Cornell University

Traditional logic programming is well-suited to describing relations on terms defined using inference rules, but it does not do so well when we terms may contain variables and binding. Although the higher-order abstract syntax technique can often help with this situation, it also has limitations: two important examples are the difficulty of dealing with open terms (terms with an unknown number of free variables), and the difficulty of developing sound induction principles on higher-order encodings that simulate informal syntactic proof techniques.

Gabbay and Pitts have developed a new approach to dealing with syntax involving names/variables and binding which is essentially first-order, and treats names as an abstract data type. Besides representing bound variables in programming language syntax, such names can be used to represent free names in open terms, channel names in concurrency calculi, nonces in security protocols, and vertex/state names in graph/automata constructions. This approach has no problem dealing with open terms and is semantically much simpler that higher-order abstract syntax, and comes with useful induction principles built-in.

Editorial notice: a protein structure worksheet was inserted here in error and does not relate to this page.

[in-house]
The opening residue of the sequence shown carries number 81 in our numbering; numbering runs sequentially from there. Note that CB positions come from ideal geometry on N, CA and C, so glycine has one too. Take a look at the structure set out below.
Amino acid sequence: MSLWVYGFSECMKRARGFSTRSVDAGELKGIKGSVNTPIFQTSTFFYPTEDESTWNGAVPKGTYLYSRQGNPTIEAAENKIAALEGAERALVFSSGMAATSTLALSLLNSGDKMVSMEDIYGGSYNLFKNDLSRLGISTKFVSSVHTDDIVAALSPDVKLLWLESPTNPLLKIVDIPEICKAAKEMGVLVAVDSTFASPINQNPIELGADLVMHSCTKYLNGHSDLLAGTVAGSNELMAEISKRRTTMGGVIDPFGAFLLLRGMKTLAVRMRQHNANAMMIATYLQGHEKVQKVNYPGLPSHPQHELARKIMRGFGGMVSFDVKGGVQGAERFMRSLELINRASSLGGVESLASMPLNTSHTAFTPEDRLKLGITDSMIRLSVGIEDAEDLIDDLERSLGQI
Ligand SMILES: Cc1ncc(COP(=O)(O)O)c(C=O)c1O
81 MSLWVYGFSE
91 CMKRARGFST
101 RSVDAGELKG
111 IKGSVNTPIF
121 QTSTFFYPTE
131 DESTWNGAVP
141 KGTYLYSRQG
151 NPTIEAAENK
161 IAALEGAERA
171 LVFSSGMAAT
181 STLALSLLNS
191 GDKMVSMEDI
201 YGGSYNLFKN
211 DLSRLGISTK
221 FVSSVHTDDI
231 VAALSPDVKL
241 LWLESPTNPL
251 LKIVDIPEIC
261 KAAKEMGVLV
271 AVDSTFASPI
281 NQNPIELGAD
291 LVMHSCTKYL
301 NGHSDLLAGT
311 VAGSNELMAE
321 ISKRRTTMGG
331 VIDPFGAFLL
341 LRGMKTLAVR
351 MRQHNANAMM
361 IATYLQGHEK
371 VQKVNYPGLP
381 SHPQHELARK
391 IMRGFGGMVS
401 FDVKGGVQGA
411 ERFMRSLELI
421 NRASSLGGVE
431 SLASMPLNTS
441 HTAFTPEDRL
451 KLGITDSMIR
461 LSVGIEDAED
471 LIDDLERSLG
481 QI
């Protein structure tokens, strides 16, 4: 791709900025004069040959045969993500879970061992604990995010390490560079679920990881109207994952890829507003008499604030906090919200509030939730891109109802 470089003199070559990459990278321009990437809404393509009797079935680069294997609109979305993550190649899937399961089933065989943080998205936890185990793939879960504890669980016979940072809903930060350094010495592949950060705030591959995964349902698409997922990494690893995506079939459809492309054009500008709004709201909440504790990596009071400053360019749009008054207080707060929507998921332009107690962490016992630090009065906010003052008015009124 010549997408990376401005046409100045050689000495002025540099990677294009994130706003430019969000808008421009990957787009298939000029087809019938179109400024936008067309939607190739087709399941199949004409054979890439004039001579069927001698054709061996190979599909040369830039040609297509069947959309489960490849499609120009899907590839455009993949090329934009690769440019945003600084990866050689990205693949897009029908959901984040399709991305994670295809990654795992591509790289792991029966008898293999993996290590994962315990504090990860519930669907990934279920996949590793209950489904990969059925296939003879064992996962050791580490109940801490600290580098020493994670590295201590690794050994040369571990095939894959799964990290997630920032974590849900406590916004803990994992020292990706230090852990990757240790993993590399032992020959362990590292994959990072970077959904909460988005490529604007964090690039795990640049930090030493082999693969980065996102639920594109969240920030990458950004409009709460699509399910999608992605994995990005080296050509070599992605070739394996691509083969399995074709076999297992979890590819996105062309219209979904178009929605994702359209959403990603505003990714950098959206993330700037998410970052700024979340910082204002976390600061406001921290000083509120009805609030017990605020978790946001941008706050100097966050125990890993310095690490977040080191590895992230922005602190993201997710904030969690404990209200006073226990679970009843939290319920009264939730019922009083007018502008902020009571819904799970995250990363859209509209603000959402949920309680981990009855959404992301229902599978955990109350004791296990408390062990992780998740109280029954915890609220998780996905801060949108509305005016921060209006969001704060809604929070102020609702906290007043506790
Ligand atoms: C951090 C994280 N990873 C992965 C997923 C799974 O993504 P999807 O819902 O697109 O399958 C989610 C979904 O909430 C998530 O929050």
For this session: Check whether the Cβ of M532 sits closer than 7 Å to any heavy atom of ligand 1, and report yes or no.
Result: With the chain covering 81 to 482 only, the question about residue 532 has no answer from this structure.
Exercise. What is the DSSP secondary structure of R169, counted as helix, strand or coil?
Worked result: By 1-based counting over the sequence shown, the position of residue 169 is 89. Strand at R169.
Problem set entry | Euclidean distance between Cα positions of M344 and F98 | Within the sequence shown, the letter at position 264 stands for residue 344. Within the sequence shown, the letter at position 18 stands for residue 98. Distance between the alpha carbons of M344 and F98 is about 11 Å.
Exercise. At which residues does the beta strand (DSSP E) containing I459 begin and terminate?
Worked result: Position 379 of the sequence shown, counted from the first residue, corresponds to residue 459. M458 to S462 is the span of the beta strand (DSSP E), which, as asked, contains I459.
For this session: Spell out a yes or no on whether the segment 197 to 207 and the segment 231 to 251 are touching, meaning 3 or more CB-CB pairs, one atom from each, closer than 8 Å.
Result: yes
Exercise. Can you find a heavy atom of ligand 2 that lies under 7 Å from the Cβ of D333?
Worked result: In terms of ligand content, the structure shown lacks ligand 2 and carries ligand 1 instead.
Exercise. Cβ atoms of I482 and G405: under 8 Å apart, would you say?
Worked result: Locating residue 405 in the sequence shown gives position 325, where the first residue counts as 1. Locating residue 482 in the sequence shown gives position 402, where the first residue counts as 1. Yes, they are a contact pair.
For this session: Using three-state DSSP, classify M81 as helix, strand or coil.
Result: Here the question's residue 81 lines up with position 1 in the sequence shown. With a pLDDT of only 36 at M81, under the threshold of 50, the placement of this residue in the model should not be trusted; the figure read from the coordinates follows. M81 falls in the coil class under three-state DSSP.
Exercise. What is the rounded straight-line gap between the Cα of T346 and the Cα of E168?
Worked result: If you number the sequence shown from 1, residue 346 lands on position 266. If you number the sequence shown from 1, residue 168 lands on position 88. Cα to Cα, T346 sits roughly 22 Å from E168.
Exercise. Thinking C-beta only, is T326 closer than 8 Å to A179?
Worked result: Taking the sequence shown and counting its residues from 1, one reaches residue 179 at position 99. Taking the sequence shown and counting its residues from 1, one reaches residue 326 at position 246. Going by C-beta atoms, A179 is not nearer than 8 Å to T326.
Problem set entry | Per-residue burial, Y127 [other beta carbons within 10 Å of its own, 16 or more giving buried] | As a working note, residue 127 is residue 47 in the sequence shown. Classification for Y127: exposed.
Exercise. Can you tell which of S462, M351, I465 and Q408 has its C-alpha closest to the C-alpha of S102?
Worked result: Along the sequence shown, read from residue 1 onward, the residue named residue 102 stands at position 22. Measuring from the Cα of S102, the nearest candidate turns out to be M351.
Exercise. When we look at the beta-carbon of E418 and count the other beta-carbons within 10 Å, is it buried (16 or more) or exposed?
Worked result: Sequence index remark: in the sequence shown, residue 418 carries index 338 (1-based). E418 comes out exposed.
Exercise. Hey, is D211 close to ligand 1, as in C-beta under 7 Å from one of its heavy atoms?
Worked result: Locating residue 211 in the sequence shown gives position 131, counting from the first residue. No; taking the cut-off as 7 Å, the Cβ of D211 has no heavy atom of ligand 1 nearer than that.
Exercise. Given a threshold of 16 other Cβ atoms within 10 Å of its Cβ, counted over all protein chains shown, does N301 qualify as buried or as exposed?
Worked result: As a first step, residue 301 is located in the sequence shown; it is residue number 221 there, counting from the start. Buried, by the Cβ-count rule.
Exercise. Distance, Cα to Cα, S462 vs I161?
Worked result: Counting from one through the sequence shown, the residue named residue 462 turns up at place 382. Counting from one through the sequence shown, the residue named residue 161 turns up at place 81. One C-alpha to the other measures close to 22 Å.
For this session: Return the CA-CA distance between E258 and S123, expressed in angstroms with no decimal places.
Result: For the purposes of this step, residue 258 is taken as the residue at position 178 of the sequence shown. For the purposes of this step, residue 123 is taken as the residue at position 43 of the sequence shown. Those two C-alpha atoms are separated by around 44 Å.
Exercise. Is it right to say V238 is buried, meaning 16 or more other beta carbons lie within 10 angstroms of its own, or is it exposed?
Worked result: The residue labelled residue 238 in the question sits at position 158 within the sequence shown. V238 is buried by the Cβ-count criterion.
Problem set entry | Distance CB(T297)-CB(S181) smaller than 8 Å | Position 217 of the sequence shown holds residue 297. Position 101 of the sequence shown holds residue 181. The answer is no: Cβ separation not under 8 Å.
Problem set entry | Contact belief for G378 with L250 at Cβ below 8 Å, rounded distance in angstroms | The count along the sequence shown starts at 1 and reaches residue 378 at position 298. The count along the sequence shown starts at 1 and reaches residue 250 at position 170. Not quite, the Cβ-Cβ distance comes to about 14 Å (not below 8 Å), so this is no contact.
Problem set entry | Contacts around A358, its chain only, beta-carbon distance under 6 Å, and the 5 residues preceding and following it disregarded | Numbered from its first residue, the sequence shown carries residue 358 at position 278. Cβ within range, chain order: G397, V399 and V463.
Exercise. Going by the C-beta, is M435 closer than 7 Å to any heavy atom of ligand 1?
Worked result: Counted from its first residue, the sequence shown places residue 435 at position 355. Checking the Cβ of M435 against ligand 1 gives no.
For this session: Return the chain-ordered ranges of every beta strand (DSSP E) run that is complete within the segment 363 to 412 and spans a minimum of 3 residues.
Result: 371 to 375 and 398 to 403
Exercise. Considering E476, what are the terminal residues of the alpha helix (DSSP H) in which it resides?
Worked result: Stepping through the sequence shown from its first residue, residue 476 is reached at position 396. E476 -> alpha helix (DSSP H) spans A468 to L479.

I (in collaboration with C. Urban) have developed a logic programming language called alpha-Prolog, based on the Gabbay-Pitts name theory. In this talk I will describe unification and execution in alpha-Prolog, focusing on two examples: typechecking in the lambda-calculus (a familiar example for which HOAS already works fine) and constructing automata from regular expressions (for which HOAS provides no support). Along the way I will discuss an important technical challenge yet to be overcome: the form of unification needed to find all possible answers

for alpha-Prolog queries is NP-complete.

Principles
of Programming Seminars

Wednesday, April 14, 2004

3:30 p.m.

Wean Hall 8220